• “One of the things in looking back on the Aladdin Sane period that has fascinated me was that I didn’t realize it until recently, was the way piano changed David’s music. It occurred to me how a certain amount of David’s transformation, you take Hunky Dory which had Rick Wakeman on it, who is a fantastic, a bit more classically-oriented pianist, ‘Life On Mars,’ very good at rock ‘n’ roll but his training was more classical. His piano on ‘Life On Mars’ is unbelievable.
  • “Then you go into Ziggy Stardust, with Bowie and Ronno playing. On Ziggy, it’s really simplistic because they weren’t pianists. Neither of them particularly awe-inspiring. So, the piano is very simple on Ziggy.

“But then you to Aladdin Sane and Mike Garson is on board, and it completely changes the whole feel of it. Now how much of that is pre-planned by David to move it into a different direction and how much is their effect on the way that we recorded I don’t know. The Beatles kind of grew by using different instruments. Bowie changed and grew by using different people playing. It’s bizarre. His use of keyboards really does sort of cover his growth and how he changed.”

Last decade keyboardist Mike Garson and I discussed Bowie. He spoke about his Latin jazz influence on
Alladin Sane, supporting David’s lyrics, and playing live in Bowie’s bands.

“I never thought about the words consciously. He could have been humming. Now that he’s gone, I’m really hearing the lyrics, and the music and songs are so strong. I really believe his work on stage would have worked without the clothes and make up. I got an energy from him. I always loved performing so now every night I play every piece as something different.“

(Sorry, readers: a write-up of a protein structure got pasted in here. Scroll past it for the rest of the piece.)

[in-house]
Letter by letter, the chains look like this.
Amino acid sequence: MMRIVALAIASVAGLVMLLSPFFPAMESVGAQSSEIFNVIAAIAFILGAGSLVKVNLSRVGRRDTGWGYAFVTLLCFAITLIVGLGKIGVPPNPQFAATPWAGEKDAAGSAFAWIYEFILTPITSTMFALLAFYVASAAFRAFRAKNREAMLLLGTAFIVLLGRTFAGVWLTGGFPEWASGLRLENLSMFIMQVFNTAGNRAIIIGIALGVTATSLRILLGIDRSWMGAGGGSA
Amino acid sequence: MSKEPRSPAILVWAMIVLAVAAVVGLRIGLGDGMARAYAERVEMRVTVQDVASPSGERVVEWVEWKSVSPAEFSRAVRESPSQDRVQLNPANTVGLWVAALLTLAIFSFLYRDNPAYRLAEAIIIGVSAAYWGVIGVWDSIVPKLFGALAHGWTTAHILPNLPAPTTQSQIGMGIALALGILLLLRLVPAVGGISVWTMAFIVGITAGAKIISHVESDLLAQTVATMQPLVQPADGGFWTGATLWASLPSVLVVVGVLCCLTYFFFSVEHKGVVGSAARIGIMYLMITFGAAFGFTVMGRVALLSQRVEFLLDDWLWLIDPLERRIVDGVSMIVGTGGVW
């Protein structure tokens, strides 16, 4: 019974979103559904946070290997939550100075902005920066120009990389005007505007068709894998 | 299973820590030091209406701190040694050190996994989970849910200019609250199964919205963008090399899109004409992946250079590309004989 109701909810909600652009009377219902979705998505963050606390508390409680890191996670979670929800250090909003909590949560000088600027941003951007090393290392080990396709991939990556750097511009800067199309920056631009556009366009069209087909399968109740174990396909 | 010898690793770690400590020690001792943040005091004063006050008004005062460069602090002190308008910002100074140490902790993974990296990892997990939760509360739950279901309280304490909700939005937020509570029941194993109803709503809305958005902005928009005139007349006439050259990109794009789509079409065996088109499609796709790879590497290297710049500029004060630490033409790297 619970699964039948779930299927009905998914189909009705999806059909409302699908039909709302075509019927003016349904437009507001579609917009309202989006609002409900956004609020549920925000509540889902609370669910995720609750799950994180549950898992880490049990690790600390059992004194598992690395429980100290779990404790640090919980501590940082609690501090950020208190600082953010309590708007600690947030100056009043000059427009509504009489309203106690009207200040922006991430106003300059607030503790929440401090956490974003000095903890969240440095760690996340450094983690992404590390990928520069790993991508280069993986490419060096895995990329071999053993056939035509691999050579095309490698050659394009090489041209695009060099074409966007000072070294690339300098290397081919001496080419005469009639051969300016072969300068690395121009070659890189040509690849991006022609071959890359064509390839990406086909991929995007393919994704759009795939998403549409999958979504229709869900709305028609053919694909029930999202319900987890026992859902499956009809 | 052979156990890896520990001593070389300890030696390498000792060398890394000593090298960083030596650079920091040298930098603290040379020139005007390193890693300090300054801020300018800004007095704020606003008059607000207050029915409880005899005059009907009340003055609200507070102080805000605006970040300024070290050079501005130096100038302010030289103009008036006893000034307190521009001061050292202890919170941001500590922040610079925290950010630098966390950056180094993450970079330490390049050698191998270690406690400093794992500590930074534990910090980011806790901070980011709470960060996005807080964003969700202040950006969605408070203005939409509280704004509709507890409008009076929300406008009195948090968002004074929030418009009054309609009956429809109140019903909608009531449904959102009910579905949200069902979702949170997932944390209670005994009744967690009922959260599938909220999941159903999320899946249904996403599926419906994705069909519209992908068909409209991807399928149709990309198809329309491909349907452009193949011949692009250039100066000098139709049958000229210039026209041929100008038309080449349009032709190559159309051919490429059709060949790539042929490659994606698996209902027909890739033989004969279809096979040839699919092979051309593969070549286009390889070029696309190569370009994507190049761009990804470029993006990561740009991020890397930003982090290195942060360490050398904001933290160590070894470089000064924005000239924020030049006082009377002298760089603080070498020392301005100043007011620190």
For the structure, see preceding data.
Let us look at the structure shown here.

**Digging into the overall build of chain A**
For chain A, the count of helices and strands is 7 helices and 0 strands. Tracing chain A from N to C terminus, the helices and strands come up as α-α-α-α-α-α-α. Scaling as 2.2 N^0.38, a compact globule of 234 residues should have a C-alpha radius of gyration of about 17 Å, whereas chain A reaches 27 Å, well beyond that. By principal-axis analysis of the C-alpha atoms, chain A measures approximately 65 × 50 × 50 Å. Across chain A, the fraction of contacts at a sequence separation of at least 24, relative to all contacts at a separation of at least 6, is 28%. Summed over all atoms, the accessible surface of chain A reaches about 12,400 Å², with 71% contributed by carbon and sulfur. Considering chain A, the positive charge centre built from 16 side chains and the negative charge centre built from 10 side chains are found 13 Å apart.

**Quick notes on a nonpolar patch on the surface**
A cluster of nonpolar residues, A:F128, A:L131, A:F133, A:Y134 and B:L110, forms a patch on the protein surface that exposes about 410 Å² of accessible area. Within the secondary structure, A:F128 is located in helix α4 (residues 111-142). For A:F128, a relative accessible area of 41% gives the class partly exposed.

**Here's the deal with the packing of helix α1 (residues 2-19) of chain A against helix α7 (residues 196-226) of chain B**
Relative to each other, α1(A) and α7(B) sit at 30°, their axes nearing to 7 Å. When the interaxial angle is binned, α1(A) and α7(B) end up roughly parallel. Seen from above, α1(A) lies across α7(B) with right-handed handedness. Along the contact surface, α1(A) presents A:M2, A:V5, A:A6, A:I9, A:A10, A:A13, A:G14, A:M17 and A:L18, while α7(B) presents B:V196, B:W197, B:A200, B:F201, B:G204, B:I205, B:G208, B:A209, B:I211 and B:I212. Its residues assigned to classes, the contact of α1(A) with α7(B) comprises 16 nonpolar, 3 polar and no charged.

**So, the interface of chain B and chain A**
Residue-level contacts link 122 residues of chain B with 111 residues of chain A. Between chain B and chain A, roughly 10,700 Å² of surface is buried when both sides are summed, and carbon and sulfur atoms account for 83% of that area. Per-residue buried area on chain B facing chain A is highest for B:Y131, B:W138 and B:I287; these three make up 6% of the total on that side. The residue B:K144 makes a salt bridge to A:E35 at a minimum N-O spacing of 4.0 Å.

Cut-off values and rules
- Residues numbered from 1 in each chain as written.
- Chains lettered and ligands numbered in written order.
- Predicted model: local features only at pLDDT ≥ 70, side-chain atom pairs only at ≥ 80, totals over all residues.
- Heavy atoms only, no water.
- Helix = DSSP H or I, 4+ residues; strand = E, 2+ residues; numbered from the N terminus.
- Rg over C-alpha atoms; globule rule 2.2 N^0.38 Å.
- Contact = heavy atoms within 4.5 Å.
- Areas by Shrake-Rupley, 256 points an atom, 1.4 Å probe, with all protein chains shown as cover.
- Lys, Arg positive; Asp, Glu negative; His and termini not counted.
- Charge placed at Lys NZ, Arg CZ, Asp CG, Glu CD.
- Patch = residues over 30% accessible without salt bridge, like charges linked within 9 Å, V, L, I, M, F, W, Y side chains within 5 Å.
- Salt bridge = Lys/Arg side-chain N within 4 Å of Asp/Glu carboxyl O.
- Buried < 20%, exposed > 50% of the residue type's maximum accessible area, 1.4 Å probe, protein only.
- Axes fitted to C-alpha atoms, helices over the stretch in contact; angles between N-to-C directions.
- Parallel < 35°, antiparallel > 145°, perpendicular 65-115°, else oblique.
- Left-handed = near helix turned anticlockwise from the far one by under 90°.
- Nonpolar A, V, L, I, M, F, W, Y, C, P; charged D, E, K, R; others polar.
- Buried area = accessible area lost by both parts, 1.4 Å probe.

As far as the Latin influence, I had worked with Eddie Palmieri, plus I worked opposite Larry Harlow, [American salsa musician] earlier in the Catskills with Dave Leibman. I showed Bowie some stuff.

Anything that I had done prior to working with David I could do on his sessions or in concerts. On that Aladdin Sane album and songs like ‘Aladdin Sane’ and ‘Time,’ Ken Scott was very involved in the high frequencies and EQ. An extraordinary producer, engineer and mixer. I worked with him and David at Trident, where the Beatles did some [1968] recording. It was two chords, an A and G chord, and done in one take. David's son, Duncan once admitted to me that he was petrified of my ‘Aladdin Sane’ piano solo and that they gave him nightmares. 

“David was an explorer and was locked into his music. In the 1972-1974, I was with David he fired five different bands and I was the only one he kept. Because I was able to change styles and go from the English rock to the avant-garde to the soul and gospel stuff. And that was the only reason he kept me and that we were friends. But he saw that I could go with him as he was ever-changing. And he knew as a jazz musician I was always looking and searching.